As I did when trying the Jump bikes, I took the 1 train to 207th Street:
Where I changed to the BX12 Select Bus, which goes right through the heart of the dockless pilot area. Whereas last time this was a fairly painless journey, this time I and around 50 of my fellow New Yorkers waited something like a half hour for a bus, which is especially egregious considering it was a Wednesday morning in September:
Finally two buses arrived at once, and I disembarked at Fordham Road and Southern Boulevard, as the app showed most of the bikes to be scattered around the Belmont/Little Italy area:
Recently I'd heard from a Citi Bike user in the Bronx who was frustrated with the system. First, she was receiving charges for ending her rides outside of the service area (doing so results in a $20 fee), even though she was in fact doing so within the service area. Citi Bike reversed the erroneous charges, but then she found that bikes showing up on the app were not in fact there once she arrived at their supposed location--it seems that perhaps people are storing them off the street and in their homes. (I won't say "stealing;" I'll say "appropriating for personal use.") She's now decided to cancel her subscription.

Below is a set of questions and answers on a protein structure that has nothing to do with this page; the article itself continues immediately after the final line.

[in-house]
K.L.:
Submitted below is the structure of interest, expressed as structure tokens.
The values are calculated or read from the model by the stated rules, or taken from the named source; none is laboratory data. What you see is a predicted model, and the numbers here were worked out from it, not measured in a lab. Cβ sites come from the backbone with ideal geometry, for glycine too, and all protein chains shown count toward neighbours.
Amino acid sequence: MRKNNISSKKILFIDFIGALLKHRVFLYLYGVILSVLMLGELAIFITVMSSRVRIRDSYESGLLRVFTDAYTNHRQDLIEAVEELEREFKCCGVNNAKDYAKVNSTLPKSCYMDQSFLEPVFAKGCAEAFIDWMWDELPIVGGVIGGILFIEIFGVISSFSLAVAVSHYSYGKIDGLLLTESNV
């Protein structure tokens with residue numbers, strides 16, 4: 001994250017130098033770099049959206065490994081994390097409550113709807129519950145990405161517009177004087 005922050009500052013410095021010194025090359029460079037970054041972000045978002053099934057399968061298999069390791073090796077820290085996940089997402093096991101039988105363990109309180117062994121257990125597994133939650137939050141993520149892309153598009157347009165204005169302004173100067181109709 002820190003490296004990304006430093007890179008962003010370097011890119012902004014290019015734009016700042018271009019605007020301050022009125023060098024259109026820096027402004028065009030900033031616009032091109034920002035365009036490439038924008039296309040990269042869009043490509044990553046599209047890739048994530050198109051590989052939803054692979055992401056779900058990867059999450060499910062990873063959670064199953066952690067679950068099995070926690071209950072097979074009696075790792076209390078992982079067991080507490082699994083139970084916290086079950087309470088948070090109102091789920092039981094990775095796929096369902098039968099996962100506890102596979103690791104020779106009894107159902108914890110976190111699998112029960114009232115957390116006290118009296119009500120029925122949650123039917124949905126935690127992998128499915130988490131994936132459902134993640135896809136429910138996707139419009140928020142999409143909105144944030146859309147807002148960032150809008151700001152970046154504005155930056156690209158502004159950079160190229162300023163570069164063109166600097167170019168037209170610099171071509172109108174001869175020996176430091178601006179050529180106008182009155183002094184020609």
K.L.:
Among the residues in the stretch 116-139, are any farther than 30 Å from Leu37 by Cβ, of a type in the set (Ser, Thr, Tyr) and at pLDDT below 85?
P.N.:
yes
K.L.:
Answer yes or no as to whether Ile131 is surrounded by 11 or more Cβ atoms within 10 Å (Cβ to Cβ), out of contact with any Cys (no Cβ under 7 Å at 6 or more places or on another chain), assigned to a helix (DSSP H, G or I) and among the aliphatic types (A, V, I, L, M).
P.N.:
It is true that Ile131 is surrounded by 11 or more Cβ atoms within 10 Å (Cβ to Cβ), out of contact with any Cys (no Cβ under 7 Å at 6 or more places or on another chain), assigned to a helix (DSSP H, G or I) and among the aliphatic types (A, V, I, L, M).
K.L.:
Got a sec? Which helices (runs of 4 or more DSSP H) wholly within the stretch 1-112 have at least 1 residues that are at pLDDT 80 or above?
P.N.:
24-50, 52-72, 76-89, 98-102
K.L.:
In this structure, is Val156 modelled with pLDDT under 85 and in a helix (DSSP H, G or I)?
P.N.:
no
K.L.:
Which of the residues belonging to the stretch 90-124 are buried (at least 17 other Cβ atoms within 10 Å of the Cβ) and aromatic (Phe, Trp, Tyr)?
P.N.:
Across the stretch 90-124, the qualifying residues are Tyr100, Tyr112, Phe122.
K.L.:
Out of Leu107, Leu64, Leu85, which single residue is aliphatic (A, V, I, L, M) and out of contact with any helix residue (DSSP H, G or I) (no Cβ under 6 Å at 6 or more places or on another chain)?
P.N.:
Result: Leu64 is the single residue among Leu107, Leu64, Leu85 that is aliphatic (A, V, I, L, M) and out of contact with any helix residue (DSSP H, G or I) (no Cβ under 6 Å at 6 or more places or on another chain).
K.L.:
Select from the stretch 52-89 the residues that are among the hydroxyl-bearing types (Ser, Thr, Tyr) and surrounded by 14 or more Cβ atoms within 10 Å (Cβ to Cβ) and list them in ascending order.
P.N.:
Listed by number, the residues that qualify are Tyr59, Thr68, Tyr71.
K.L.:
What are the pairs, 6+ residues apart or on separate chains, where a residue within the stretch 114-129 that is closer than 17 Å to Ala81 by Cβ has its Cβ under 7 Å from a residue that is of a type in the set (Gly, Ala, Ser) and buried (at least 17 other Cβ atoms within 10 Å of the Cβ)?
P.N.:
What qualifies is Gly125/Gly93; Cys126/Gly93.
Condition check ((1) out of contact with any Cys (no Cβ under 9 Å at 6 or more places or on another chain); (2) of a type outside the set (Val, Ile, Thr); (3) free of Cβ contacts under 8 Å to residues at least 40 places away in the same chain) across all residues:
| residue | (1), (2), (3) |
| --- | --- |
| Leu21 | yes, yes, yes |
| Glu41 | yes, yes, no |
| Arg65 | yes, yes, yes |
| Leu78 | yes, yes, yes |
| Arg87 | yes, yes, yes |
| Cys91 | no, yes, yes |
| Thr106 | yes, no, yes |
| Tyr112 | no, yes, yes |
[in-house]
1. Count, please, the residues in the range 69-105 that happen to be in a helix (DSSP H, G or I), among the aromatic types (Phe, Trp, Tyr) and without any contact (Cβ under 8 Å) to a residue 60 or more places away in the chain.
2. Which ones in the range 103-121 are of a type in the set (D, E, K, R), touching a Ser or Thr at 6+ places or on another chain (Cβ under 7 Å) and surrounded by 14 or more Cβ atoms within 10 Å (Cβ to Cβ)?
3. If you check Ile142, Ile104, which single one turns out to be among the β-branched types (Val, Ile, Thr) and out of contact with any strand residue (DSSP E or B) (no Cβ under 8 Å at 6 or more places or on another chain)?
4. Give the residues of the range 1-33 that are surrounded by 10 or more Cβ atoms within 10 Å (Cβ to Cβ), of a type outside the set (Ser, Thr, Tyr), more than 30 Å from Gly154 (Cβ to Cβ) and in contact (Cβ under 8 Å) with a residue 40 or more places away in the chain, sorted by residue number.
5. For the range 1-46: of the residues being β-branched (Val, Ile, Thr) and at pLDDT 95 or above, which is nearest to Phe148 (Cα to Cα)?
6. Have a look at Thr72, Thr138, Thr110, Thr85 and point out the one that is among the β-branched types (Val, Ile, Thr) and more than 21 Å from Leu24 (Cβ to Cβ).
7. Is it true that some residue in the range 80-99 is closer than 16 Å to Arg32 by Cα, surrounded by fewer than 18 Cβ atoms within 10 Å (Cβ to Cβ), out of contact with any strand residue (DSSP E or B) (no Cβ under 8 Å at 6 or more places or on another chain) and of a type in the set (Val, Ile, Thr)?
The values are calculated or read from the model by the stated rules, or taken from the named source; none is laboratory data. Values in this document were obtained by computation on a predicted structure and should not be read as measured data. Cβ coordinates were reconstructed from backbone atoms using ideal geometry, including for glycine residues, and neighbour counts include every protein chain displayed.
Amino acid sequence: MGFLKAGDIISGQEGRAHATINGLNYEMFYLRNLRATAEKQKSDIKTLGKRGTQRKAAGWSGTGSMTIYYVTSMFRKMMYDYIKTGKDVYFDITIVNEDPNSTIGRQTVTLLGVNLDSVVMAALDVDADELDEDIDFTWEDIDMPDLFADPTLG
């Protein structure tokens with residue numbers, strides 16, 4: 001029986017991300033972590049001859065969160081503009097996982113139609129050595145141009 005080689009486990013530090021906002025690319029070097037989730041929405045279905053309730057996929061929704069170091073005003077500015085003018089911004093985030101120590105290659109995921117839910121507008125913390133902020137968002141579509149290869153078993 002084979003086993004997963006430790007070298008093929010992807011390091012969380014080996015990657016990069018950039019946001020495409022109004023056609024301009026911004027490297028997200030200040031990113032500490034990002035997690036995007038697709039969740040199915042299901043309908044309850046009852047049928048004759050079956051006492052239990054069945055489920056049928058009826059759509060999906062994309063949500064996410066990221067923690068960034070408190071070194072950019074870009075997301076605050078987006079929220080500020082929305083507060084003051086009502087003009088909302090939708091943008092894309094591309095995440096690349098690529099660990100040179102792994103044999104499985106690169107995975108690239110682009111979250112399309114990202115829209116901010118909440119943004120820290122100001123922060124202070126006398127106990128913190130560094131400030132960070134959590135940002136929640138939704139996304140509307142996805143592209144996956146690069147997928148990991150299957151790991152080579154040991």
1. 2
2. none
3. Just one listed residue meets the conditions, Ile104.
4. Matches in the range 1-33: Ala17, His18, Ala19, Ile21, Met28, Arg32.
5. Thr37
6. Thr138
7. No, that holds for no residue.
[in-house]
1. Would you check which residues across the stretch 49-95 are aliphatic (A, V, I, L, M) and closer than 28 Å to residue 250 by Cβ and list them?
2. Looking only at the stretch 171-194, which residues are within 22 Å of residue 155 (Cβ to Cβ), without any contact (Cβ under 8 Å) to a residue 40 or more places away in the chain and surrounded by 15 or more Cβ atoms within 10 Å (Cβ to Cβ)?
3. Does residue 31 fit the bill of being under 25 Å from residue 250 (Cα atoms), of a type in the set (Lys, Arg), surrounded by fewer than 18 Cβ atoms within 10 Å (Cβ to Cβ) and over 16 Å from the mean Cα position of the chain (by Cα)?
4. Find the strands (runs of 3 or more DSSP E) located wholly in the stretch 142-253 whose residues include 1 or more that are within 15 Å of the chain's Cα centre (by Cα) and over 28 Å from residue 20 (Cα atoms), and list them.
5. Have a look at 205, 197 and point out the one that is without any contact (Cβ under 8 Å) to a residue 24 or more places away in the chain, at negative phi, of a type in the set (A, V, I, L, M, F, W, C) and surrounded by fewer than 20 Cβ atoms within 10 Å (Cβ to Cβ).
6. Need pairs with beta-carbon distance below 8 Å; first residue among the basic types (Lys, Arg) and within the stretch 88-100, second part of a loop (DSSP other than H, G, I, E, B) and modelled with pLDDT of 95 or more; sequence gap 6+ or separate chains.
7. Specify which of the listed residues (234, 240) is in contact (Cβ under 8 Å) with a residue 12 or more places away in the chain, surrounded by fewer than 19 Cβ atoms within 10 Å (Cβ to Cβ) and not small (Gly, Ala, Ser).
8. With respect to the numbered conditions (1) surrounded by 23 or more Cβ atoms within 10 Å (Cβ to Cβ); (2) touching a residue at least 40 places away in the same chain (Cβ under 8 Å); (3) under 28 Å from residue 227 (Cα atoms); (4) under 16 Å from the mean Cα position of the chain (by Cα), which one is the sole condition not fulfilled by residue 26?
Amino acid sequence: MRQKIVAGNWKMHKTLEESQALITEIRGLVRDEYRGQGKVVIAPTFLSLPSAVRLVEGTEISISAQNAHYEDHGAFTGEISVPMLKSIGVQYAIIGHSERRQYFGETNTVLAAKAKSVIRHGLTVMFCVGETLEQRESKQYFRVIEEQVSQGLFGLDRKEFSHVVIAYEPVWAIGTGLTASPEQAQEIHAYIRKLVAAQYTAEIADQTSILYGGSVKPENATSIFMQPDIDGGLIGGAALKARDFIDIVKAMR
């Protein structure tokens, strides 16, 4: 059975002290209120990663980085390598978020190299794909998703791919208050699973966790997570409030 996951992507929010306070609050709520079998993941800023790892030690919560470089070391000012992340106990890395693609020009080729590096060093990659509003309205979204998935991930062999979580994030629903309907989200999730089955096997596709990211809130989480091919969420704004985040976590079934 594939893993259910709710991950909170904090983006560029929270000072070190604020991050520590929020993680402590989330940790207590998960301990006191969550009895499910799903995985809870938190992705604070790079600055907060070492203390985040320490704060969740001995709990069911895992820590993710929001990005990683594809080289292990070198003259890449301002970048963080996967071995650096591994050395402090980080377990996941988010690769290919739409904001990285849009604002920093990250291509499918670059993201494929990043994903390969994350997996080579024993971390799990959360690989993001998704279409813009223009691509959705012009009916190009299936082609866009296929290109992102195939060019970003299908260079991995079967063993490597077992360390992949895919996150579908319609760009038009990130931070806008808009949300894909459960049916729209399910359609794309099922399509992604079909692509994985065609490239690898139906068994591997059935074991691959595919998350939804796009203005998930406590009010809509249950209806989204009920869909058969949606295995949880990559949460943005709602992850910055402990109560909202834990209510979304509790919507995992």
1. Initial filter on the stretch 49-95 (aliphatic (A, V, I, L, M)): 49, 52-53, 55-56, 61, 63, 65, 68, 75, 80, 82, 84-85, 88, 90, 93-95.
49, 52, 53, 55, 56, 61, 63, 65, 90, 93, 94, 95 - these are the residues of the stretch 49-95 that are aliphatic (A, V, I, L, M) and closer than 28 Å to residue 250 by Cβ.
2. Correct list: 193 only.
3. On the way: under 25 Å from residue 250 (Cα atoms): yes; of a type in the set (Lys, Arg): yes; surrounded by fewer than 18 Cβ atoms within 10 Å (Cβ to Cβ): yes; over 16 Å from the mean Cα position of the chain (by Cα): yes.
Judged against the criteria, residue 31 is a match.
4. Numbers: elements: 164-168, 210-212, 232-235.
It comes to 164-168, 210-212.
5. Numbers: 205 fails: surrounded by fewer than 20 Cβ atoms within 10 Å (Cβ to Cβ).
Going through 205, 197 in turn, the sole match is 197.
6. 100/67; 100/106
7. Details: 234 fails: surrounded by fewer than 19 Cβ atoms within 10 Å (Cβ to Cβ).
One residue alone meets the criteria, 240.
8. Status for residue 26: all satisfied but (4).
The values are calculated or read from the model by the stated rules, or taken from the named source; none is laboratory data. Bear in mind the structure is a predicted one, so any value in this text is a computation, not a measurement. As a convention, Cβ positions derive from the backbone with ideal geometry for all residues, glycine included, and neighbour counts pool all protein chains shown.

I, too, found that the nearest bike to me according to the app wasn't actually there, and wandering around the green pin in search of a phantom bicycle was a bizarre and frustrating experience. So I continued on to where there appeared to be a number of bikes, figuring they couldn't all be illusory:
And at first as I scanned the area I didn't see any bikes at all:
Though after walking around a bit I did find one:
An app that doesn't square with reality is irritating, but it's still better than Jump's app which shows no bikes at all:
Unlocking the bike was a straightforward proposition, and the bike itself rode nicely. And any issues with the app notwithstanding it was good to see Citi Bike out and about in the neighborhood actively tending to the fleet: